At the most recent re:Invent conference, Amazon Web Services (AWS) announced its entry in the Internet of Things (IoT) space. The AWS IoT platform as expected brings not just the scale expected of AWS, but introduces deep integration with services in the AWS ecosystem along with Device SDKs, and Starter Device Kits that are ready to kick-start your IoT development.
At its heart, AWS IoT is a Managed IoT platform that provides a Message Broker which can handle messages published by your devices, as well as a Rules Engines that can transform and invoke actions both into other AWS Services and back to your devices.
A high level diagram of AWS IoT is shown below, with the IoT Plaform shown in green.
“Things” are devices that you need to control. They publish messages to the broker via theMQTT protocol (note that HTTP is also supported). The Message Broker can then deliver the message to subscribers, IoT Applications, or other Things. Security and Identity is a first-class citizen in this platform and needs to be taken care from the ground up. The Rules Engine is pretty interesting and it can not just transform the data but route the message back to not just subscribers/applications but also invoke the rest of the services available in the AWS Ecosystem like DynamoDB, Lambda functions and more.
The Thing Shadow is a very interesting concept and is key to disconnected Things. Given the conditions that Things would operate it, it is very likely that due to bad connectivity, they are not always in a connected state. This means that when a message is likely to be pushed to the Thing, it is not available. In comes the concept of Thing Shadow to address it. A Thing Shadow is a copy of your Thing state in the Cloud and contains the last known state and a desired state. When a Thing is connected again, the state is synced with the Thing Shadow. Applications too can control the state of a Thing by simply using the REST API to control the Thing Shadow state. Check out How It Works section for more details on the core building blocks of the AWS IoT Platform.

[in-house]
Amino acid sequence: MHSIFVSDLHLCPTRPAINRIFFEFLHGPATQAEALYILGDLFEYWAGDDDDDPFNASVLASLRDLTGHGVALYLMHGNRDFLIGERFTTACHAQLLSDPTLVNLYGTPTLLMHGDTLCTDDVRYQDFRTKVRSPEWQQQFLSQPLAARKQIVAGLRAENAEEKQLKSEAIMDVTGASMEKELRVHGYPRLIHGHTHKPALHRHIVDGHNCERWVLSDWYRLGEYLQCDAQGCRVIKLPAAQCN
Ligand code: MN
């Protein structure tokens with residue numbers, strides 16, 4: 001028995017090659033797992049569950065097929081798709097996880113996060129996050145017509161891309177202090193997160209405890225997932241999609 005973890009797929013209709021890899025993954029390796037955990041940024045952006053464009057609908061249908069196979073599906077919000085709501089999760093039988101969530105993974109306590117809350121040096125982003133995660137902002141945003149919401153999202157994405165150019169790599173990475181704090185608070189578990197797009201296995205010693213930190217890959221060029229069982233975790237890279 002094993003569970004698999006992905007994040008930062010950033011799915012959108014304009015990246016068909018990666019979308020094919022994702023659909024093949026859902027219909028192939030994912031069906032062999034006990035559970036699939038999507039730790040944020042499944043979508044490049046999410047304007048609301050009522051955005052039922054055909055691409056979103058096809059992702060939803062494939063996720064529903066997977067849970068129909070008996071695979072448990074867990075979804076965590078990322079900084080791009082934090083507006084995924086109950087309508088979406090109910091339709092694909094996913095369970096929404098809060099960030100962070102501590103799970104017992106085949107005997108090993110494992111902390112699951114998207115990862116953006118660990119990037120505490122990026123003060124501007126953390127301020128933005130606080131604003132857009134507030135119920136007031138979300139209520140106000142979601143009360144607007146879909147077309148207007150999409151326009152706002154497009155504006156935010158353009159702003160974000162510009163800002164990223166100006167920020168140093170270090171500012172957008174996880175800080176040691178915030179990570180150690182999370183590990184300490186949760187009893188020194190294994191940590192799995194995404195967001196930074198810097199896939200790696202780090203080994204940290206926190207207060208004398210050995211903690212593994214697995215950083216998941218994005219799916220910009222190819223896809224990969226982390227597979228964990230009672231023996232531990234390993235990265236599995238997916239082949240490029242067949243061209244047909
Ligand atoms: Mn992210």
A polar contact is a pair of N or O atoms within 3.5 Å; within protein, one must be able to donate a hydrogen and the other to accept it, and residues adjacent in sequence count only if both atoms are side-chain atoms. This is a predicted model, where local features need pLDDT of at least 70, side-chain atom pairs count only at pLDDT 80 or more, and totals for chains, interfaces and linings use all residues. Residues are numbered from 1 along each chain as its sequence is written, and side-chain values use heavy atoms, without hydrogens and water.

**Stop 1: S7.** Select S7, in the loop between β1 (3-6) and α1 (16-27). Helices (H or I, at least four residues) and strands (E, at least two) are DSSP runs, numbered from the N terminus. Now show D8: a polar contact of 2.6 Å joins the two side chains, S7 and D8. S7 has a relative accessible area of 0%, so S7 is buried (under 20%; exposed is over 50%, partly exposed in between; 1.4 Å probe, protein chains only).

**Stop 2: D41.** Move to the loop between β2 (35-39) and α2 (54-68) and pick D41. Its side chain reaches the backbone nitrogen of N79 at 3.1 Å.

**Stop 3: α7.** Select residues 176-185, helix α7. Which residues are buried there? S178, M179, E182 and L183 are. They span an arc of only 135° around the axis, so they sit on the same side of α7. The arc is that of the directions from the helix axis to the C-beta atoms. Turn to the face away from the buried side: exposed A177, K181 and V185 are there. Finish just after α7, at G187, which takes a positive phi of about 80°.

The maker community is well versed with using Kits that have helped them write IoT applications and it would be interesting to them that AWS has partnered with various Device Manufacturers to help jump start the applications. These starter kits contain all you need to get connected to the AWS IoT Gateway. The Starter kits are from various vendors including Intel Edison, Beaglebone and more.
For AWS developers, the IoT platform is an excellent gateway to help build their Internet of Things applications. If you are invested in the AWS Ecosystem, you are probably using multiple services and this close integration is a big win for developers.